I write what I call ‘Letters to the Universe’ in my journal when I am so emotional that I need to let it out, to articulate what I’m feeling in words so that I can release it and unburden myself. It is not written to a particular person, but rather to the collective “you,” a way to address the universe and feel heard. If you read my first ‘letters’ post on my struggle with anxiety you’ll know what I mean when I say these posts can be heavy, but I honestly think they’re important. Especially here on the internet everyone’s life can seem so perfect, all sunshine and happiness, when we all struggle and feel things so deeply. I want to let you know that I am a great place right now, so this is not a call for help, but rather a ‘I’ve been there, I see you, I hear you, and you are valid’ post. Also, this post is going to dive into an abusive relationship, so if this is something that you feel will allow trauma to resurface, please click away (and come back for tasty recipes later!)
It has been years, actually over a decade, since I was fully entrenched in an abusive relationship, but recently I was reminded of the experience because of the flippant accusations of a few bad internet eggs who were throwing insults and reveling in the emotional pain of a dear friend of mine who has been working through issues in her relationship. Online bullying in any capacity is deplorable, especially when the bullies involved personally know who they are hurting. I could go on for ages about how internet culture, specifically cancel culture, and the advent of ‘trolling’ and using someone’s pain as sport is problematic at the very least, but I digress.
Instead I’m going to focus on something that hit close to home. Regardless of circumstance, speculating the reason(s) for someone’s relationship issues is a no-go, period. Voicing these suspicions online in a public forum? Exponentially worse. No matter what the veracity of these statements were (in this case, completely unfounded and most definitely untrue) they are going to have a negative impact on all parties involved, including those just sitting on the sidelines, observing. One accusation that was thrown out was that this friend of mine was being beaten. This group of bullies went on to essentially chastise this friend for staying with the partner in question and how ridiculous it was for them to stay. When I heard this it took me back to sophomore and junior year in college, when 20 year old Kait was so lost and feeling so alone that if I saw this it would have broken me even more than I felt I already was. So aside from feeling furious at these bullying individuals, I took to my journal, and this is what came out:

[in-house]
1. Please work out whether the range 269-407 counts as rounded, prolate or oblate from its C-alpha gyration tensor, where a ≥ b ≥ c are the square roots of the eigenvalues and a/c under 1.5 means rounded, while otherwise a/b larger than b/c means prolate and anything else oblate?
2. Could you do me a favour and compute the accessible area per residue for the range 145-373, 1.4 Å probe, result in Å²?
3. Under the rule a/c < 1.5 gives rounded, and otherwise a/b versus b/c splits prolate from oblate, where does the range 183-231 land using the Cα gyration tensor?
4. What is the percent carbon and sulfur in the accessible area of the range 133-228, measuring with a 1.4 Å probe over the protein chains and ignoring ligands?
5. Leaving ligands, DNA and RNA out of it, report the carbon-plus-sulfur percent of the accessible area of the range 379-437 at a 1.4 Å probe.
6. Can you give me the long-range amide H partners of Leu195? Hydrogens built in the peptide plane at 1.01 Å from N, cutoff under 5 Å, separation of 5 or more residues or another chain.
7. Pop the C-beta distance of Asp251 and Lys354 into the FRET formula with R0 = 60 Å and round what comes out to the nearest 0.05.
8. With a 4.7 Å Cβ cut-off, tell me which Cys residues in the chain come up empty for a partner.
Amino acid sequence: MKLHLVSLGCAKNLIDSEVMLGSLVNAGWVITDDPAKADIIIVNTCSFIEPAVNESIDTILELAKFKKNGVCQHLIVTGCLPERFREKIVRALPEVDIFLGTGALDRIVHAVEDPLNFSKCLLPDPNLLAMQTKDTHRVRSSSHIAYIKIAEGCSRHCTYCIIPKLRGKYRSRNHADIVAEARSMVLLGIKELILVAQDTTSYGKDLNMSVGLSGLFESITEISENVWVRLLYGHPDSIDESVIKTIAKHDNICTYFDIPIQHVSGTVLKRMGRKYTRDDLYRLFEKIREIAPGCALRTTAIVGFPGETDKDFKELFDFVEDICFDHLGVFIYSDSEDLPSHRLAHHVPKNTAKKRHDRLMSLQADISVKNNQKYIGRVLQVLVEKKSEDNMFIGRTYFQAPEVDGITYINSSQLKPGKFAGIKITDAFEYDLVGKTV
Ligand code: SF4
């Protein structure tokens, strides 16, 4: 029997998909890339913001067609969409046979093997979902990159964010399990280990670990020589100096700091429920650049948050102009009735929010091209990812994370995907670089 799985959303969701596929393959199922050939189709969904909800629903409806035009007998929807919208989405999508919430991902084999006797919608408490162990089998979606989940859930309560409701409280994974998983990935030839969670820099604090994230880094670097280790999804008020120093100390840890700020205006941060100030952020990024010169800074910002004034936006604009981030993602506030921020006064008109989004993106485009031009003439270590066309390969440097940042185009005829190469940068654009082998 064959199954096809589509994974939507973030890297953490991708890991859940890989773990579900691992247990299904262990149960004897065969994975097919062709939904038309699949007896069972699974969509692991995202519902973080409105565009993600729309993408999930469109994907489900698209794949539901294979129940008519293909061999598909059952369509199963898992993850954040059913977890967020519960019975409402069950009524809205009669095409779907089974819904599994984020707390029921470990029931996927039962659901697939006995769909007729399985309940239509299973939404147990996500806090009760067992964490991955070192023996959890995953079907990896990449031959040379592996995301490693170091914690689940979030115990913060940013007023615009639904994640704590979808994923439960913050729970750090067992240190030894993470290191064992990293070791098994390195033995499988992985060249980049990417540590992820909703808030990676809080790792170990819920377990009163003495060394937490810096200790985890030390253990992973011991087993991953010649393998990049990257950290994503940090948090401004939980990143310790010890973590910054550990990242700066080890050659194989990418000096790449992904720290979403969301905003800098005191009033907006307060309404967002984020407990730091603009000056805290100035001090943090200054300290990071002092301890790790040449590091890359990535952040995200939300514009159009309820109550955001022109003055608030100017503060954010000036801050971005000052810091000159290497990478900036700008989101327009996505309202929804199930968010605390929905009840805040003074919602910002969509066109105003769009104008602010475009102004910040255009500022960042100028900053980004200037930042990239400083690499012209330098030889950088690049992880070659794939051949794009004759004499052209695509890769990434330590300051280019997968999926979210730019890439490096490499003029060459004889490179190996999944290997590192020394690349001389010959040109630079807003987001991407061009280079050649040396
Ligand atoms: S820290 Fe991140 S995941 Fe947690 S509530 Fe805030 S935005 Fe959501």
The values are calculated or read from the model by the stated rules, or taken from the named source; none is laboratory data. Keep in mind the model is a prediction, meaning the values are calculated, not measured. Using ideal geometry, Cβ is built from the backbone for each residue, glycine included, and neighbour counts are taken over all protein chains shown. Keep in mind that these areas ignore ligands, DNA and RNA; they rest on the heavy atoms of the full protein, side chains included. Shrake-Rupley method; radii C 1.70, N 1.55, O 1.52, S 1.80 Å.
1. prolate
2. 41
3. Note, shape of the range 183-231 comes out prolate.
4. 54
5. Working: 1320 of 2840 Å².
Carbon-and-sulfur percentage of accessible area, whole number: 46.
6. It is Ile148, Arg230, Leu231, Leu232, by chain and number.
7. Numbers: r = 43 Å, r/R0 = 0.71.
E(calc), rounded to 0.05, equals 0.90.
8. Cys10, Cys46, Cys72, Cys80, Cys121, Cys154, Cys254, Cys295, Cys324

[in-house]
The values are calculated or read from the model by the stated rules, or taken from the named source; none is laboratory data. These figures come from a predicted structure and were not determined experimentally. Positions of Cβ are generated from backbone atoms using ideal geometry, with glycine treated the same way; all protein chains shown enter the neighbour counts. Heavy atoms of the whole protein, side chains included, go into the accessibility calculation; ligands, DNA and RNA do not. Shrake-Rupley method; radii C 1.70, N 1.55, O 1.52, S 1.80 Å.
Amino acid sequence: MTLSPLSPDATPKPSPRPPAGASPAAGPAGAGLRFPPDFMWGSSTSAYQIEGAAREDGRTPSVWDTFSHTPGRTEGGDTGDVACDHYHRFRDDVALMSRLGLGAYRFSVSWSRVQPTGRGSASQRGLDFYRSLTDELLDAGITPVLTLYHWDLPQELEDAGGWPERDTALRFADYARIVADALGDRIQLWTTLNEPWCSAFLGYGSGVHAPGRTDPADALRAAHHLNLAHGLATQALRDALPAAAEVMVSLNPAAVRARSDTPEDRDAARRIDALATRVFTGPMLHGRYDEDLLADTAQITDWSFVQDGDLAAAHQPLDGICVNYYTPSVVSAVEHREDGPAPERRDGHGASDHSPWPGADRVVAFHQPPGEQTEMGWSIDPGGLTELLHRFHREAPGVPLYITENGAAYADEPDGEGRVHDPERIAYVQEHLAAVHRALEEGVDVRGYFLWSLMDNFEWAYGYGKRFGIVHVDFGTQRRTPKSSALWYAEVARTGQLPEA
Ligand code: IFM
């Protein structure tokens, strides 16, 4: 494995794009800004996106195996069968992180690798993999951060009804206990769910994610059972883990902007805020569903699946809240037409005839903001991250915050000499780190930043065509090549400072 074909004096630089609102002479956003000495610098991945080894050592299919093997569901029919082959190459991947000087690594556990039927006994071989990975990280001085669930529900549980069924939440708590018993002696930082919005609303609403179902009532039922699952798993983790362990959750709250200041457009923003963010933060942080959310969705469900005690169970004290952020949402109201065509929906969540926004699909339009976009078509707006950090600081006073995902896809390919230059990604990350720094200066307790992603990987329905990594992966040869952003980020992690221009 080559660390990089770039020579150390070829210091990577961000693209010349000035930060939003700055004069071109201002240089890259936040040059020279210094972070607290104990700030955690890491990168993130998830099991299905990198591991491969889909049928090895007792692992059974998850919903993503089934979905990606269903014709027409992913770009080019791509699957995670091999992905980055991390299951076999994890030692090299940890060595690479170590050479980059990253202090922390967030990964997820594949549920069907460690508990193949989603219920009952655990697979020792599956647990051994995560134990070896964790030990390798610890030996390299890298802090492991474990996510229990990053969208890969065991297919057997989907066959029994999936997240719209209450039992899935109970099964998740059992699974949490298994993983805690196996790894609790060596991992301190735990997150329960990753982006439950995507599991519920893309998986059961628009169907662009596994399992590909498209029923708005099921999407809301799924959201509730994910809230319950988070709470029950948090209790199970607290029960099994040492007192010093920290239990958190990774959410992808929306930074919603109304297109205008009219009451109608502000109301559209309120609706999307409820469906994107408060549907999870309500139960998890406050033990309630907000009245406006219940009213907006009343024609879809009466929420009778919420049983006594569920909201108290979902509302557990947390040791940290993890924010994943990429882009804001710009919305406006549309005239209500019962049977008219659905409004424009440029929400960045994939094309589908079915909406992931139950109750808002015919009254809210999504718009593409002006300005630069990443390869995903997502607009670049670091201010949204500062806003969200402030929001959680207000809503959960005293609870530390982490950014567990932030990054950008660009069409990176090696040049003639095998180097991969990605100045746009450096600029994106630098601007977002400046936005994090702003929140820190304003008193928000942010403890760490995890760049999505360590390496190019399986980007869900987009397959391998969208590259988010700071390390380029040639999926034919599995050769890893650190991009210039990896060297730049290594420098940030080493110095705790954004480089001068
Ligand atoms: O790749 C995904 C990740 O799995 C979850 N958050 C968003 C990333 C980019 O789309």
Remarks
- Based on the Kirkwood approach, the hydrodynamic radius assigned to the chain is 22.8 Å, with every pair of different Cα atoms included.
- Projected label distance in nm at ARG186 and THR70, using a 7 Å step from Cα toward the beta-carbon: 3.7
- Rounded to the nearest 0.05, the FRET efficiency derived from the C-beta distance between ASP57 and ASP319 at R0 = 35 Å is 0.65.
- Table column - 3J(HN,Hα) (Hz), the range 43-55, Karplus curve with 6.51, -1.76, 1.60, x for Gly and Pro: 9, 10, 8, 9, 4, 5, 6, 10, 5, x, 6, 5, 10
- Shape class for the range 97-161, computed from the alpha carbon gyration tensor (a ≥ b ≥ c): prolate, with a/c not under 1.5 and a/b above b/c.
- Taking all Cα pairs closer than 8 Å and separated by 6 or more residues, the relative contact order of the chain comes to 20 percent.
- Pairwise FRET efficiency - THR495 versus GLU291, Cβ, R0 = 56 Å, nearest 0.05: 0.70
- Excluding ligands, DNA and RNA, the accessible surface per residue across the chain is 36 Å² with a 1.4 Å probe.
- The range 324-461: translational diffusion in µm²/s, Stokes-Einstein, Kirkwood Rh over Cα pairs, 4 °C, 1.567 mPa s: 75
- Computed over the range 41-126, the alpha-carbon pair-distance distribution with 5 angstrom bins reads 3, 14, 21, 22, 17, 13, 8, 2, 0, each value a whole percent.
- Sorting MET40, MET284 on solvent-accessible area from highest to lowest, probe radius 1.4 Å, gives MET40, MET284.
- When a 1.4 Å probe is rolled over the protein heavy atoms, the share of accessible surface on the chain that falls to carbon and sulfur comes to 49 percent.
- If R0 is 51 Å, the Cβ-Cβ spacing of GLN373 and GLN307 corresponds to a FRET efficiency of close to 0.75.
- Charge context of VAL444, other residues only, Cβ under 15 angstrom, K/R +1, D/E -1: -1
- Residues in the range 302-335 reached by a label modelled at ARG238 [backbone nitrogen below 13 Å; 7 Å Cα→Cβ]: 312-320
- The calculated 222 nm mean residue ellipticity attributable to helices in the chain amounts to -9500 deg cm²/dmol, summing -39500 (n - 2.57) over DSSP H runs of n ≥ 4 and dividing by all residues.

It’s interesting, the shame she can hold around something that feels so completely out of her control, it’s not, of course, not always. But thoughts of stuck, of pride, of ‘what on earth will they think of me?’ ricochet loudly in her mind- they drown out the shoulds, the coulds, and any notion of self-preservation. So she’s stuck- feet firmly suctioned into the quagmire of self-doubt and societal stigma that holds her so tight that sometimes all she wants to to do is stop fighting and just let life happen to her.
Now, she knows, in her rational mind that she is strong and smart and beautiful, but when she looked down at herself and saw her hands cupping the blood of a broken face and a broken heart she felt unlovable and completely unable to reach out and ask for help. “Freak accident” she’d say, adding a giggle, putting on a show to cover up the emotional turmoil that comes from walking around campus with two black eyes and a broken nose. They didn’t see her crawl out the window in the middle of party she and he were throwing so she could cry and attempt to clean the deep red stains out of a white t-shirt. She’s convincing, and anyway, no one would believe her if she told them. They’re the golden couple- two athletes so completely in love, living in a paradise on the beach for the summer. He has his demons, they say, but he treats her so well. Plus, she’s too strong, too stubborn, too sure of herself for anything to happen. And that’s what she lets them believe, it is easier that way, for them and for her.
So she bottles it up. She internalizes the fear, the shame, the stigma, the snide comments about how ‘I could never be that girl’ or ‘that poor thing, she’s so naive,’ or ‘why won’t she grow a spine and leave.’ The ‘we can all see it, why can’t she’ is the worst. Because she can. She can feel in her bones, in her soul, in her shattering heart and each time she hears those words about another couple, about a celebrity, about a girl you once saw on the internet, her feet sink a little deeper into the muck and she’s incrementally more stuck.